One Came Home (英語) ペーパーバック – 2014/1/7
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A Newbery Honor Book
An ALA-ALSC Notable Children's Book
Winner of the Edgar Allan Poe Award for Best Juvenile Novel
“An adventure, a mystery, and a love song to the natural world. . . . Run out and read it. Right now.”—Newbery Medalist Karen Cushman
In the town of Placid, Wisconsin, in 1871, Georgie Burkhardt is known for two things: her uncanny aim with a rifle and her habit of speaking her mind plainly.
But when Georgie blurts out something she shouldn't, her older sister Agatha flees, running off with a pack of "pigeoners" trailing the passenger pigeon migration. And when the sheriff returns to town with an unidentifiable body—wearing Agatha's blue-green ball gown—everyone assumes the worst. Except Georgie. Refusing to believe the facts that are laid down (and coffined) before her, Georgie sets out on a journey to find her sister. She will track every last clue and shred of evidence to bring Agatha home. Yet even with resolute determination and her trusty Springfield single-shot, Georgie is not prepared for what she faces on the western frontier.
Starred Review, The Bulletin of the Center for Children's Books, February 2013:
“With its historical backdrop, enjoyable narrative, and endearing heroine, this will appeal both to fans of Philbrick’s The Mostly True Adventures of Homer P. Figg and Kelly’s The Evolution of Calpurnia Tate.”
Starred Review, School Library Journal, January 2013:
“Timberlake seamlessly integrates information about two significant events that occurred in Wisconsin in 1871… Georgie’s physical and emotional odyssey that occurs between those two events will linger in readers’ minds.”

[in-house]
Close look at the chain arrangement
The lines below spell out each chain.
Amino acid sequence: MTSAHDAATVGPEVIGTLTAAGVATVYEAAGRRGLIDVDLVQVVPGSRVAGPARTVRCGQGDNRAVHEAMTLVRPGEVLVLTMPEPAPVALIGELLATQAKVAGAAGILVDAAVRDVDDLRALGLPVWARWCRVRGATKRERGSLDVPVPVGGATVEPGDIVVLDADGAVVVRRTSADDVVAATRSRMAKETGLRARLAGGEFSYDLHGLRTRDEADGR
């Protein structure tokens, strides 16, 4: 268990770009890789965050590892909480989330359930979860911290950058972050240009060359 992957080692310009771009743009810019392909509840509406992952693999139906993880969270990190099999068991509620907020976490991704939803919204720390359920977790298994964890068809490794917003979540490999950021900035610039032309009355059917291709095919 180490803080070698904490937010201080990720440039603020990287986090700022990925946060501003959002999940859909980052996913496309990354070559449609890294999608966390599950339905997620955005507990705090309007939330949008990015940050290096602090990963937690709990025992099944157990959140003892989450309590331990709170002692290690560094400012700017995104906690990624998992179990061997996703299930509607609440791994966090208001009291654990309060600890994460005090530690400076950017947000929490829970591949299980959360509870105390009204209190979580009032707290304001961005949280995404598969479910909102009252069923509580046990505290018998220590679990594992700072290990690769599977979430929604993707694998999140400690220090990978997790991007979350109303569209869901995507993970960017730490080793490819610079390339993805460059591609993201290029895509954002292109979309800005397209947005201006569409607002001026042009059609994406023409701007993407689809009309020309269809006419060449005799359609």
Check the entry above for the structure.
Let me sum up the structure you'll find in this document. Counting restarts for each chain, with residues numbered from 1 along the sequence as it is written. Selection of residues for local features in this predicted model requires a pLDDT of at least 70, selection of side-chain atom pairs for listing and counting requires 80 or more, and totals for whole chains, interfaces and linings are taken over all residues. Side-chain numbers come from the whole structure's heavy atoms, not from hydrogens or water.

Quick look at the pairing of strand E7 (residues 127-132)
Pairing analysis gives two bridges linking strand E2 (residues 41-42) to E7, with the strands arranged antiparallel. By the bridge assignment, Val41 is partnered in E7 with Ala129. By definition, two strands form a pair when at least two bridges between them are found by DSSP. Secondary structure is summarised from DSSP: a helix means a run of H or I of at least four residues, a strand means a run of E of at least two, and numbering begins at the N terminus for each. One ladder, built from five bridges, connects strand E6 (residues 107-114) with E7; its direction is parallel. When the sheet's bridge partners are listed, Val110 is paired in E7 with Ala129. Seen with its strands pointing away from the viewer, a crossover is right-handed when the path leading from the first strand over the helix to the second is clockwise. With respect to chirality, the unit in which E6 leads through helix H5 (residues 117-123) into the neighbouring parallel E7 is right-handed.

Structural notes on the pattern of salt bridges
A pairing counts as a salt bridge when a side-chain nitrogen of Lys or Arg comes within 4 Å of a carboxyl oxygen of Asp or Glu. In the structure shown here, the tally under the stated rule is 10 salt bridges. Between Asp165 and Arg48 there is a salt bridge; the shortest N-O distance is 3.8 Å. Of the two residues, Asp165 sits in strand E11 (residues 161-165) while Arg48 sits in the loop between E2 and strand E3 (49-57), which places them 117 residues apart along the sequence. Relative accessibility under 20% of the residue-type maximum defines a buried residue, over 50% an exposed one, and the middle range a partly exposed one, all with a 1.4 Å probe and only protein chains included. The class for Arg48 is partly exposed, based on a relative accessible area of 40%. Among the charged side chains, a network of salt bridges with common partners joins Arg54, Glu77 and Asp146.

Starred Review, The Horn Book, January/February 2013:
“…it’s Georgie’s voice that really brings the story to life, with its original, folksy turns of phrase and self-deprecating humor that make it as entertaining to read as a Christopher Paul Curtis novel.”
Starred Review, Kirkus Reviews, December 1, 2012:
“Georgie's story will capture readers' imaginations with the very first sentences and then hold them hostage until the final page is turned.”
This is a good story about the 13 year old’s ‘coming of age’ during her road trip. It also gives a pretty good depiction of what Midwest life was like back then.
Additionally, this story also introduces pigeoneers (a word that I never even heard of before this story). Evidentially, there were millions upon millions of wild pigeons (passenger pigeons) that came together every year to roost in the large tracts of native forests that were still standing in Ohio, Wisconsin and all across the Midwest during the latter half of the 1800s. Pigeoneers were the hunters that followed the birds to their roost and slaughtered them by the hundreds of thousands (every year) for sale as delicacies in restaurants along the East Coast. Anyway, the missing girl had run off with a crew of pigeoneers (two men and a woman).
If you read this book, I’d recommend researching Wisconsin wild pigeons on-line when you’re done with the book. It’s a tragic extinction event that American history kinda forgets about.
Before Georgie sets off to find out what really happened to Agatha she needs transportation. As it turns out, she ends up "renting" a mule from Billy McCabe, the sheriff's son and Agatha's former suitor. If riding a mule weren't humiliating enough, Georgie discovers Billy is going to be her partner on this journey. The pair have several adventures, some life-threatening, as they search for clues to Agatha's death.
Thirteen-year-old Georgie is feisty and stubborn, a crack shot, and something of a loudmouth. Cocky, handsome Billy is surprisingly compassionate and thoughtful. The two make an interesting pair in this action-filled story. An added bonus is the well-researched information about passenger pigeons and the people who hunted them to extinction.